Today’s plant for #WildEdibleWednesday is Allium Canadensis, or Wild Onion. Also known as wild garlic, like all of its relatives it’s actually a lily, scientifically speaking. Widespread and easy to find, its value as a wild food lies primarily in making other wild food taste better. Common as a lawn weed, you’ve probably had a hard time trying to get rid of it. Like most “weeds,” we think you’re making a big mistake by spraying or pulling it… it’s way more useful than that grass you’re working so hard to cultivate.
Wild onion is one of the most widespread native plant species in the U.S. You’ll find it throughout North America wherever its habitat needs are met. Those habitat needs include rich, moist (even damp) soil, plenty of sunlight, and plenty of water. It likes roadsides, open woods, lawns, and brushy areas. Much to many a farmer’s chagrin, it also loves low-lying pasture areas. Cows love to eat it, but it has the unfortunate side effect of making their milk taste like… you guessed it, onions.
Wild onion has grass-like leaves 6”-10” long that look almost exactly like chives. In the spring and summer, it sends up flower stalks with sprays of tiny, delicate white blooms. When dug up, it will have clusters of tiny onion bulbs about the size of your fingernail. Wild onion does have a few toxic mimics, especially flower mimics. The easiest way to positively identify it is by smell. Every part of the plant has a strong onion-garlic scent, and none of its toxic mimics do. Before you pull one, just break one of the leaves in two, sniff it, and you’re good to go.
Wild onion’s primary use is obviously as an edible. It’s not a bad survival food on its own – it is high in vitamin C, fiber, and trace minerals, especially sulfur. However, it really shines as a seasoning. If we’re being honest, most wild foods are pretty bland on their own. With some exceptions, the carb-heavy, nutritious staple foods like acorns, cattail root, and arrowhead potato all need some help to taste like something you’d actually want to eat. Wild onion can offer that help in spades. It doesn’t taste quite like an onion, garlic, or a leek, but rather a combination of all three. It’s a superb ingredient even in everyday cooking – if you’re short an onion, just go out to your yard and pry one out of the ground. The bulbs can stand in for white onion, leeks, or garlic, and the leaves work great as a substitute for chives or green onions.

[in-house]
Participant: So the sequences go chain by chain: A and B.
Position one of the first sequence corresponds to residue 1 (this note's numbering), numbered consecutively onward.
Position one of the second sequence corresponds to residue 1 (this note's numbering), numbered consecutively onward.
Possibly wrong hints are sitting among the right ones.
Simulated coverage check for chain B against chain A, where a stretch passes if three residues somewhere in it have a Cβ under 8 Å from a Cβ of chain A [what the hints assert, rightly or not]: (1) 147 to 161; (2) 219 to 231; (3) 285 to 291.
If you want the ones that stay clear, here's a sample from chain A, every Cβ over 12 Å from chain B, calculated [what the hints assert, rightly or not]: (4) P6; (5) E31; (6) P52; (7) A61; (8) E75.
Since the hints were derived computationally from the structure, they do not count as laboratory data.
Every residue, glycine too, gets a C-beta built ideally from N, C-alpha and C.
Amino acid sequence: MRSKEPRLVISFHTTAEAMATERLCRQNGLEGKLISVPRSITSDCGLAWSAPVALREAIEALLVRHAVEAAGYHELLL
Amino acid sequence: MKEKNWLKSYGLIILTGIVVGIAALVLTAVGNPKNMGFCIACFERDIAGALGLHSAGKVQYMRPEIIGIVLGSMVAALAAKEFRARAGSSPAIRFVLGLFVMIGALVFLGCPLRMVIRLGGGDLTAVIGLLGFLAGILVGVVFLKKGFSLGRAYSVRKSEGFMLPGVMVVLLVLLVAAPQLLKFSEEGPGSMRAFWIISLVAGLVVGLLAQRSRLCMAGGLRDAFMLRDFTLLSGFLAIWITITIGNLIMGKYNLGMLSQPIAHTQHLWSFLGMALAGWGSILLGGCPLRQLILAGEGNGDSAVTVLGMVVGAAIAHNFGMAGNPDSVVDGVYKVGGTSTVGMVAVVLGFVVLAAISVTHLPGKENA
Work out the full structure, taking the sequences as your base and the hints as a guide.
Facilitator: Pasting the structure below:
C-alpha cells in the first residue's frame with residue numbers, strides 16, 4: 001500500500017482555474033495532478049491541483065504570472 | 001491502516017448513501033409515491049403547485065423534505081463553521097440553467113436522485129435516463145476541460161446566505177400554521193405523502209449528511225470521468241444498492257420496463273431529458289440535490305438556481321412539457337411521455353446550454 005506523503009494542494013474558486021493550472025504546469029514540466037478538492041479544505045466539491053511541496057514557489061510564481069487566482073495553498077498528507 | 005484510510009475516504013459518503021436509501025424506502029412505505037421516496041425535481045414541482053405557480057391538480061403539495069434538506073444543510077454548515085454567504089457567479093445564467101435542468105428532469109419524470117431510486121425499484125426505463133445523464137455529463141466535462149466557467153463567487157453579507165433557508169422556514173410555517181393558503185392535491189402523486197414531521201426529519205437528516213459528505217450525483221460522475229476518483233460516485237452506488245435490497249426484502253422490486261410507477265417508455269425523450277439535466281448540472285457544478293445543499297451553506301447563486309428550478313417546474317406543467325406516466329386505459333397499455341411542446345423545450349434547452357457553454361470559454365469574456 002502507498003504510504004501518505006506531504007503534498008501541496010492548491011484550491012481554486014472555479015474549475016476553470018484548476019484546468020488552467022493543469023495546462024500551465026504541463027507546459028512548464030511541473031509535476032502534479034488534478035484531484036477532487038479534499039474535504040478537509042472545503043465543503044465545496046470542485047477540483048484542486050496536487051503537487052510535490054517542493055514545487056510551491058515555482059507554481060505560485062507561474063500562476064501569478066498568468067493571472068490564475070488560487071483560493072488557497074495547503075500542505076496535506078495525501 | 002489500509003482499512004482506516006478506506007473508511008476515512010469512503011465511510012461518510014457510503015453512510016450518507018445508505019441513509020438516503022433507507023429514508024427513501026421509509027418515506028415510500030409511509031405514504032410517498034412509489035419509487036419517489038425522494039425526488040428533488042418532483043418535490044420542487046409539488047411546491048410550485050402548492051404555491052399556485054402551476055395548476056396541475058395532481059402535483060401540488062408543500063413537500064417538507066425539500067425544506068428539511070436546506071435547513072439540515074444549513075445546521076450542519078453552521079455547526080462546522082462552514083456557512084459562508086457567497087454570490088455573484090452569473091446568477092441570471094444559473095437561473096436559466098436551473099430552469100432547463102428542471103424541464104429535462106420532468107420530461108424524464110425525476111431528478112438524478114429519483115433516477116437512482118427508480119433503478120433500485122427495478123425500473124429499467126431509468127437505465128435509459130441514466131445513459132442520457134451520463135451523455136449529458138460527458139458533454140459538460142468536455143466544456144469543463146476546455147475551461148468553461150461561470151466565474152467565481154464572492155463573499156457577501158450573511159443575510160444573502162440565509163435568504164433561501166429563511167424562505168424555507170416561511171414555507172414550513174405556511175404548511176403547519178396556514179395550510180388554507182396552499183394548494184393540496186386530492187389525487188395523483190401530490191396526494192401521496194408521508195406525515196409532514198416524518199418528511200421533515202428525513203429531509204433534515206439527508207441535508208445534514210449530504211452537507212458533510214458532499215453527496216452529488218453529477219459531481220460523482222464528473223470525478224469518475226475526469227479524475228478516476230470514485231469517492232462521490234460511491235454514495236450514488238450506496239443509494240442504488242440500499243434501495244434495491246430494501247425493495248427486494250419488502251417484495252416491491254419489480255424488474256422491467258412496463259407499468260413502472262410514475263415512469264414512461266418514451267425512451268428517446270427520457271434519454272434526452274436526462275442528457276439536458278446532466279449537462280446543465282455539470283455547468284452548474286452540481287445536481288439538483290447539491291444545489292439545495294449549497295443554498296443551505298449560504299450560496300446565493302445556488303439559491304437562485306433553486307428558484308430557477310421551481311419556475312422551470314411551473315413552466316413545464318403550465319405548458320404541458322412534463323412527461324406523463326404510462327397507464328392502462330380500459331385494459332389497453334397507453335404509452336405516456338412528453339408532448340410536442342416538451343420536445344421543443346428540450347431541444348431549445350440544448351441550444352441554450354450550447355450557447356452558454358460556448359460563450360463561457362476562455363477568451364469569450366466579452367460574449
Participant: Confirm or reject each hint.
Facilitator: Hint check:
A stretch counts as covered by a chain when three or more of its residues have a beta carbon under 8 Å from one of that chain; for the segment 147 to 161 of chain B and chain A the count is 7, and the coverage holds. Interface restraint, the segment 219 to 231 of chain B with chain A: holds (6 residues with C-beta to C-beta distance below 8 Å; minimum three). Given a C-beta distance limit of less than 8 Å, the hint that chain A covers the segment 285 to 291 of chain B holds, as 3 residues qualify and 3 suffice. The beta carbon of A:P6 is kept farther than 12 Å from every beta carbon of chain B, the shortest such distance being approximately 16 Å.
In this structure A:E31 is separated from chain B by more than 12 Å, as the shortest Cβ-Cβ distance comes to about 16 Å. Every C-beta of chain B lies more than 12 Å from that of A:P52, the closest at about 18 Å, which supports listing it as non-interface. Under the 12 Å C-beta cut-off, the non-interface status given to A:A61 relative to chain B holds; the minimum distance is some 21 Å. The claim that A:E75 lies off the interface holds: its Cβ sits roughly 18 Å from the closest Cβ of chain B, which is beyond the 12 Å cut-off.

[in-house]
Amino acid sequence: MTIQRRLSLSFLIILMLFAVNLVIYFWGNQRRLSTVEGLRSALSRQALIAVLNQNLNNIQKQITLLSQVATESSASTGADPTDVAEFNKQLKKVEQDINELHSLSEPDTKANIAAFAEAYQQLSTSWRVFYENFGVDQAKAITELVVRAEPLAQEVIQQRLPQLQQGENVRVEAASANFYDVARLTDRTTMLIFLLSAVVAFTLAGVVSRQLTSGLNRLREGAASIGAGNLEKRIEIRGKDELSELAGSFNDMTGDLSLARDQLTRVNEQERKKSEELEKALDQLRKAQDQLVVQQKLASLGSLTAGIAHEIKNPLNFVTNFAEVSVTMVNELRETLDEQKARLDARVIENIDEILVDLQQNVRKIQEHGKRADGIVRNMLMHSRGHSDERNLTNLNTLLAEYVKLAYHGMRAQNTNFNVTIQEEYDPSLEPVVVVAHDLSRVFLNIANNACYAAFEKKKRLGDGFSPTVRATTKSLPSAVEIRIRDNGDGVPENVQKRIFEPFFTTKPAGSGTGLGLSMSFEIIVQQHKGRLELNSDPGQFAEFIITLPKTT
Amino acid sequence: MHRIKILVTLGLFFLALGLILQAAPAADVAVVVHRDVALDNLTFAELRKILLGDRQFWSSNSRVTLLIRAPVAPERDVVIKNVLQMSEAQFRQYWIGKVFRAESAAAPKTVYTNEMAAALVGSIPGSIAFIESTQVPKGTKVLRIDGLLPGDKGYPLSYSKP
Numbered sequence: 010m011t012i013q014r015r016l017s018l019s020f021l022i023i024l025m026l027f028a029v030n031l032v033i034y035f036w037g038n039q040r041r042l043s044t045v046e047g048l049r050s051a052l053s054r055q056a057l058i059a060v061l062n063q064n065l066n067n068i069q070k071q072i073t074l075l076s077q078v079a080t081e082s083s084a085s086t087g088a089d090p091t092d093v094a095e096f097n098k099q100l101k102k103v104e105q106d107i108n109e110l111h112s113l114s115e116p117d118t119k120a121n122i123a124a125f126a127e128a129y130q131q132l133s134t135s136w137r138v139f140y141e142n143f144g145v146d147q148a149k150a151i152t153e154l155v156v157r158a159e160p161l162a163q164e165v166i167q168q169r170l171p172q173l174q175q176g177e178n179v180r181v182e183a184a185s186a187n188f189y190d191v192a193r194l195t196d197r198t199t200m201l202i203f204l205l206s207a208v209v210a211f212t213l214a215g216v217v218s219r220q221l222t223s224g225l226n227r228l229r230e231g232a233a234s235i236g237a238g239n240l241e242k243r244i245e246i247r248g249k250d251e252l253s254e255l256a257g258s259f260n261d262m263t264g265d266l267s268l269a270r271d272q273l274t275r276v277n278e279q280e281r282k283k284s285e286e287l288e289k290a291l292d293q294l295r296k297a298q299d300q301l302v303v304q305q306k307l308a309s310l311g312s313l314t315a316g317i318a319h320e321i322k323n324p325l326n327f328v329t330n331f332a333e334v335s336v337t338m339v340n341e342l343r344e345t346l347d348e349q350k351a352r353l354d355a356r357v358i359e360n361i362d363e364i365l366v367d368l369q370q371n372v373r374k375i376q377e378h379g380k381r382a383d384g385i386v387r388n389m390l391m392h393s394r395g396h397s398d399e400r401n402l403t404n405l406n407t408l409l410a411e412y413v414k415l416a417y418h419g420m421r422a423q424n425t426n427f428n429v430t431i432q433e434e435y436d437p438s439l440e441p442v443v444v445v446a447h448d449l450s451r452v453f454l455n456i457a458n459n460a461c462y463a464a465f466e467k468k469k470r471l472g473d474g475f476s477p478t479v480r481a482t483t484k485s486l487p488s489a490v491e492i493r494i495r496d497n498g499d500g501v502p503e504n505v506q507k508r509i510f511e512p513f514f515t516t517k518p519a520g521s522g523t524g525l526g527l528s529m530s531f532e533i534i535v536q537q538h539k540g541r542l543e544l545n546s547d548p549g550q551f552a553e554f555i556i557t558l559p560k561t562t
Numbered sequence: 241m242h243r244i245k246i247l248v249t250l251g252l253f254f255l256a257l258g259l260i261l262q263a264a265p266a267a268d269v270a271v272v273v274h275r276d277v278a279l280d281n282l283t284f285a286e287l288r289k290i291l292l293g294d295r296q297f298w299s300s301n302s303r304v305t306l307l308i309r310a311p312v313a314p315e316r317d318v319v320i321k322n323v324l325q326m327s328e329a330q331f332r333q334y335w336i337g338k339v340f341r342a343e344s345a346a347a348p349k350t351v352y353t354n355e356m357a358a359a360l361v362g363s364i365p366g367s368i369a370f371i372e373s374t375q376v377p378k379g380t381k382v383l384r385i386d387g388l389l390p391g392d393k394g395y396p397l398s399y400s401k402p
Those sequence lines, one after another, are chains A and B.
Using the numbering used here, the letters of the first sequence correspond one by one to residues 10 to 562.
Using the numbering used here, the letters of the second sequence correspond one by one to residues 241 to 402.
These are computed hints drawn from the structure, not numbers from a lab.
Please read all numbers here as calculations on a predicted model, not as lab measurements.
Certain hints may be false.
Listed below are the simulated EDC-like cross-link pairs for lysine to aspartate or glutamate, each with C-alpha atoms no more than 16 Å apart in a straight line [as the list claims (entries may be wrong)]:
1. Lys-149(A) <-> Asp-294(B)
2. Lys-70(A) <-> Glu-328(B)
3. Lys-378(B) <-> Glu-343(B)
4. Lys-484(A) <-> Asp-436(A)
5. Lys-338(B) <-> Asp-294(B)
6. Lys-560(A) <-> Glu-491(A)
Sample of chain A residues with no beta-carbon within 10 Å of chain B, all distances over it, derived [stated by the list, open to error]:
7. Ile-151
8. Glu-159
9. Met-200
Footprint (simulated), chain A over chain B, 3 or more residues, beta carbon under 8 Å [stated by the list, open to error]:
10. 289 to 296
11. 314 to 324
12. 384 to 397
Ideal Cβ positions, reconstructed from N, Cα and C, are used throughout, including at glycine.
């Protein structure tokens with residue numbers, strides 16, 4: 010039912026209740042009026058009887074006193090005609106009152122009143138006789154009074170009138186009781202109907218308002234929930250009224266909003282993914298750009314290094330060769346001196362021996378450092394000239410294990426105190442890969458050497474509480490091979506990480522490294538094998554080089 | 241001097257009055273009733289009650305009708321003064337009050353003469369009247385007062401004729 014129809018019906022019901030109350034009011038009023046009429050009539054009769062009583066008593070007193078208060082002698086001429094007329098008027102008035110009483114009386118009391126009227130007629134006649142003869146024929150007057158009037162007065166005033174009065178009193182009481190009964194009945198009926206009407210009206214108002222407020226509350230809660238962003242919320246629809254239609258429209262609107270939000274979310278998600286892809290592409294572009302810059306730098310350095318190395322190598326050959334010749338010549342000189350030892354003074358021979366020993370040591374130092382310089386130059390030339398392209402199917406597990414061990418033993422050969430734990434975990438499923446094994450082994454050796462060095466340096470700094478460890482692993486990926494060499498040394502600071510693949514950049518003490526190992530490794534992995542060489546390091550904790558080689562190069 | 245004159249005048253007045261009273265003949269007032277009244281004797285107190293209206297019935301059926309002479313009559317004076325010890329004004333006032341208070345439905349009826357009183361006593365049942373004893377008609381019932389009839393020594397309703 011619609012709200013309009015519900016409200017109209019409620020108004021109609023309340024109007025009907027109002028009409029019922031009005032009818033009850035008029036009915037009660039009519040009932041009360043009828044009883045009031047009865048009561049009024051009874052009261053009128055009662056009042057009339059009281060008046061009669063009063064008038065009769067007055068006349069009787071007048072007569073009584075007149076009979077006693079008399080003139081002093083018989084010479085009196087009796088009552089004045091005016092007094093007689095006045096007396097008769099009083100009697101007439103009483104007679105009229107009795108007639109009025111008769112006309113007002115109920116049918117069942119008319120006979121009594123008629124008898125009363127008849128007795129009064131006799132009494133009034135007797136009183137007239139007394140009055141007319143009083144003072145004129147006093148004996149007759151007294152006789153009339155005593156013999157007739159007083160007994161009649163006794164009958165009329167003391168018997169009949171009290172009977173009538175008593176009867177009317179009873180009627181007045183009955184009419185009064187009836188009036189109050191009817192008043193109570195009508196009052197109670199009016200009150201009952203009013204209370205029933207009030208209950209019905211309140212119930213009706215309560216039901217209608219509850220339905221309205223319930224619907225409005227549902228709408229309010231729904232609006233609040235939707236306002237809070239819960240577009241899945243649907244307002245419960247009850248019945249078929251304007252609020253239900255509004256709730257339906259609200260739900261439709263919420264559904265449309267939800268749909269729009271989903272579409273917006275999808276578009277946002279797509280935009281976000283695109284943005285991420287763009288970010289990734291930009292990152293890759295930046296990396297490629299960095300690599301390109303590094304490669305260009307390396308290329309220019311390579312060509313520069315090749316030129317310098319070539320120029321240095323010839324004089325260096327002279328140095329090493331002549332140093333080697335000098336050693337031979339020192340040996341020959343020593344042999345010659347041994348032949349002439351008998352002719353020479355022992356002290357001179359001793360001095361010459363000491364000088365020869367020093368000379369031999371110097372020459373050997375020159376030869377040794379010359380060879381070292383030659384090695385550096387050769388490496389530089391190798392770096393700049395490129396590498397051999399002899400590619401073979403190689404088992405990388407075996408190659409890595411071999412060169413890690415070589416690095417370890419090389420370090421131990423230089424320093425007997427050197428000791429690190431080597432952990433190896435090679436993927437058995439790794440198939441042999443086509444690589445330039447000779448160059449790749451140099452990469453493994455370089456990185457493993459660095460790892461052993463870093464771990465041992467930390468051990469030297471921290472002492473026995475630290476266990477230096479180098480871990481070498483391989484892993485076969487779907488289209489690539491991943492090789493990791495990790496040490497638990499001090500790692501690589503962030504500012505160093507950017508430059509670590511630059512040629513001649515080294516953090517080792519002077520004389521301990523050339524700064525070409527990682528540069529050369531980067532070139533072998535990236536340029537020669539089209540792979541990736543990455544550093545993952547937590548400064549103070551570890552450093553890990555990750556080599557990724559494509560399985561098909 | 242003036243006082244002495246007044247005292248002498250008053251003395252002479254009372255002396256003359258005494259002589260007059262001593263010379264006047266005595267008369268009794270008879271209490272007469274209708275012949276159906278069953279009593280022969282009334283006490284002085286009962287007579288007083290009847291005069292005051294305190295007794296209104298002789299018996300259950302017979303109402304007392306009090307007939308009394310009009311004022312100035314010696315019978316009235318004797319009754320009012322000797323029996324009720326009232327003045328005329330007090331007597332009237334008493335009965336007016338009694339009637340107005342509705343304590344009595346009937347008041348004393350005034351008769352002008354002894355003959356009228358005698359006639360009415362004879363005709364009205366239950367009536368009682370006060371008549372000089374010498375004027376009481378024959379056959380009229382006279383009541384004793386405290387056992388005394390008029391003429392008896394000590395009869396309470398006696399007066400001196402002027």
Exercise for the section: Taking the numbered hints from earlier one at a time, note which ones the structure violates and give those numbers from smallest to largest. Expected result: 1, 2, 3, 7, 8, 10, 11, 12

Wild onion has a lesser-known use as a medicinal plant. A tea made from the whole plant works great as an expectorant, helping loosen up congestion from colds, bronchitis, or sinus infections. A poultice of the crushed roots also helps prevent infections and reduce swelling on cuts, bruises, scrapes, and stings. One of the most effective traditional uses of the plant is to crush up the leaves and rub down your whole body with them – it’s a surefire way to repel ticks, mosquitoes, biting flies, fleas, and other humans.
When you’re in a survival situation, be it a typical wilderness survival scenario, or a long-term grid-down urban/suburban survival scenario, morale is everything. Maintaining a positive mental attitude is paramount, and anything you can do to further that goal is worthwhile. A stew made from cattail roots or acorns or tree bark with some wild greens and a squirrel thrown in if you’re lucky is a pretty bland and meager meal. But add a handful of chopped wild onions and a salt packet – and well, you’re suddenly eating like a king. A hot cup of that can give you the strength to go on when all odds are against you and your world is falling apart. Your mindset improves dramatically and suddenly you begin to see solutions where before you only saw problems. Instead of sitting back and letting your situation control you, you stand up and take control of your situation. You rise above, and you PREVAIL. All because of some onions. Dramatic? Maybe. But it’s not wrong. A good meal at the right time can make all the difference in the world. And that’s why wild onions matter.
Want to learn more about wild edible and medicinal plants? Come to our Winter Wild Edibles seminar at TruPrep Marietta, Sunday, 2/18 from 2pm-5pm. $25. We might even eat some wild onion!